Recognizable faces aren’t enough to elevate this to Platonic Ideal. We need the Very Important Lesson with which the term After School Special has become synonymous and in “Schoolboy Father” we have a doozy: teen pregnancy. The interesting thing is that it doesn’t attack the problem from the obvious angle, namely the plight of the unfortunate mother, used and discarded by an immature jerk. Instead, the mother has already dealt with the emotions and has made the decision to give the baby up for adoption. Charles, still smarting from his father abandoning the family when Charles was two, desperately wants to be a father to his child. Refusing to sign the adoption papers, he instead bargains with the social worker for a trial period of being a dad.
Things don’t go well. It’s almost like having a kid is basically a full time job. As my friends steadily reproduce, and I see once vivacious people turned into hollow-eyed husks, I get a terrifying object lesson in the importance of birth control. Charles is woefully unprepared, going from an opera singing A student with a part time job to an unemployed narcoleptic. Things come to a head when Nancy McKeon invites him to the party of the year. He’s understandably excited to meet Tootie and Blair, and begs his mother to skip class (she’s back in school) so he can attend. This does not fly, and ends up with spilled formula, a crying baby and Charles yelling at it. Which you’re not supposed to do. Says so in all the non-German baby books.
Of course there were certain things that I take for granted were treated like the knowledge of Atlantis to the characters in this special. Early on, trying to figure out if the baby could be his, Charles asks his friend if it takes nine months to have a baby. Who doesn’t know this? In 1980 was this really secret? If Charles really didn’t know how long babies gestated, it makes his other brainfart slightly more understandable, namely that he seems utterly baffled that she wouldn’t have “taken precautions” and yet took none himself. I came of age in the ‘90s, when they wouldn’t let you shake hands without three condoms and a dental dam. Of course, the ‘90s were part of Congress’s controversial War on Boners, so it’s possible we were somewhat overeducated. Still, getting a glimpse into a time when condoms were considered optional was jarring.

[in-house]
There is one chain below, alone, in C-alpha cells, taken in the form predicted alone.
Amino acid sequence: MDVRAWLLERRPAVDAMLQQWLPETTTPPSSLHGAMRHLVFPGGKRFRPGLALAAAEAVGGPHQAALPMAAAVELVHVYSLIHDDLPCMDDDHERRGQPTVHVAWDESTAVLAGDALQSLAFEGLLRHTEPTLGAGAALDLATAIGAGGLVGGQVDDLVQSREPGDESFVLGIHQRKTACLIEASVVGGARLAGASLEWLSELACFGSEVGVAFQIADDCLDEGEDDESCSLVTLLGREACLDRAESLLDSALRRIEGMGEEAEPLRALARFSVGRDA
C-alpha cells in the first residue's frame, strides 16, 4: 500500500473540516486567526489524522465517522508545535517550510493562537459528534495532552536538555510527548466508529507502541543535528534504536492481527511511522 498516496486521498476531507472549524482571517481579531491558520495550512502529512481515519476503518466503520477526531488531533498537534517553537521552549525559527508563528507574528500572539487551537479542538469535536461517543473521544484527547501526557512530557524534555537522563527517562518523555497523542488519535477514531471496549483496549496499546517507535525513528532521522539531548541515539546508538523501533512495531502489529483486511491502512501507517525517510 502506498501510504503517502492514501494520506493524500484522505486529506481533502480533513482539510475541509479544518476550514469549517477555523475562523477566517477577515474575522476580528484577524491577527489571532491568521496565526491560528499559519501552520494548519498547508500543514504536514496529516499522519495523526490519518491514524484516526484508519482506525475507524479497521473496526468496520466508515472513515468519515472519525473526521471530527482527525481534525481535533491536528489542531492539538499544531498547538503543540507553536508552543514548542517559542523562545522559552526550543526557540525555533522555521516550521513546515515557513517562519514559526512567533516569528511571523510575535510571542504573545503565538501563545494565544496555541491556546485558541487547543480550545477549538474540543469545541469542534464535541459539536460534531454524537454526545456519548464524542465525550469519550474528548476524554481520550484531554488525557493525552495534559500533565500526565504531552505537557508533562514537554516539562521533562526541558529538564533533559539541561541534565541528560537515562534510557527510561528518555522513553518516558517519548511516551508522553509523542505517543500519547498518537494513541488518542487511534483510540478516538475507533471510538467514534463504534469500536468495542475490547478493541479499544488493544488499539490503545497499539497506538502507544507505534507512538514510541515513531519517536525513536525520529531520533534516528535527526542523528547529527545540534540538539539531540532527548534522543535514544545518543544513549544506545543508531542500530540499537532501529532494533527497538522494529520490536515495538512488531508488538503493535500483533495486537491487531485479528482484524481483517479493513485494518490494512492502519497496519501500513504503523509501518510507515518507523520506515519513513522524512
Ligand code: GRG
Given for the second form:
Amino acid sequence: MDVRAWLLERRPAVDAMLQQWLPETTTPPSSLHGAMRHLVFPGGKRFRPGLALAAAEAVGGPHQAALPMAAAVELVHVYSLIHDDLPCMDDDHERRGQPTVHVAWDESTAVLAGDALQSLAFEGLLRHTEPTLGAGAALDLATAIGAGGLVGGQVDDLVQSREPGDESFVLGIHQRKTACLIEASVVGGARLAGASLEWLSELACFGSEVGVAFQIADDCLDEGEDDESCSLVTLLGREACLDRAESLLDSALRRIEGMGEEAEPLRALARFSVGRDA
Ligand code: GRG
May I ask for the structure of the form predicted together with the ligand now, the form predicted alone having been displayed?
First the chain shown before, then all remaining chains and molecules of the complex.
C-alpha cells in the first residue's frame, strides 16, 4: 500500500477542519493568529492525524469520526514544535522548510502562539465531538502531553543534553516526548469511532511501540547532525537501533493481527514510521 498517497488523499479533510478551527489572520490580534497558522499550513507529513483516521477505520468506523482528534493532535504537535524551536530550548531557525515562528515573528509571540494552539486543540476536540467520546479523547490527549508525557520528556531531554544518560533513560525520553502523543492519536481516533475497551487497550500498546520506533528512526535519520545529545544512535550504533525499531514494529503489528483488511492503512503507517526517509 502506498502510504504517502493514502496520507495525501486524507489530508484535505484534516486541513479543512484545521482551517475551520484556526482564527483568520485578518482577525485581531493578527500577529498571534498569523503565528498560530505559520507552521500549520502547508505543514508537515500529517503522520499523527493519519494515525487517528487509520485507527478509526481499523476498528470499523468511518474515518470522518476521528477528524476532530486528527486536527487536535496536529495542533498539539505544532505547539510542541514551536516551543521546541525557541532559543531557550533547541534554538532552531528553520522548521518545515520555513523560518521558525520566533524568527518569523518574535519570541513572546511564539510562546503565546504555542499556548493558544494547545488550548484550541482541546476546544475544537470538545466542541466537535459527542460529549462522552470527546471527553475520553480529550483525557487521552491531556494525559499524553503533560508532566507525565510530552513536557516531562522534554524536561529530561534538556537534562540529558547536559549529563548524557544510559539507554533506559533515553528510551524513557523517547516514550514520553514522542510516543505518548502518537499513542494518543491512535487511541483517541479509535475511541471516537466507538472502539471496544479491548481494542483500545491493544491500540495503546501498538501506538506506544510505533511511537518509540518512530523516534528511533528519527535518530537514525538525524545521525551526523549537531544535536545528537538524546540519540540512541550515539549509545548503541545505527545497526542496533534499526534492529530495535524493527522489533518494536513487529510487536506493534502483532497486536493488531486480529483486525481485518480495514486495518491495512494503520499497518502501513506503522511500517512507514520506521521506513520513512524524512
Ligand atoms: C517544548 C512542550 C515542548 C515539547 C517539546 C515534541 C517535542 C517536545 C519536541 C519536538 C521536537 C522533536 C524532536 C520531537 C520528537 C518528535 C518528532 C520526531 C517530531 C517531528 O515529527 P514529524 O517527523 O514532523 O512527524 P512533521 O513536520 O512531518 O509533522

The common sense of one generation was the learning of the previous and the witchcraft of the one before that. Condoms were optional to the teens of 1980. Now teen pregnancies are at record lows. That’s the power of “Schoolboy Father.” One moment, Rob Lowe is singing opera and the next he’s yelling at an infant. The choice is simple, kids: wear a condom now and go to Nancy McKeon’s party later. It’s just common sense.
Next Up: “A Matter of Time” in which a girl learns to cope with her mother’s terminal cancer. It’s a feel good episode!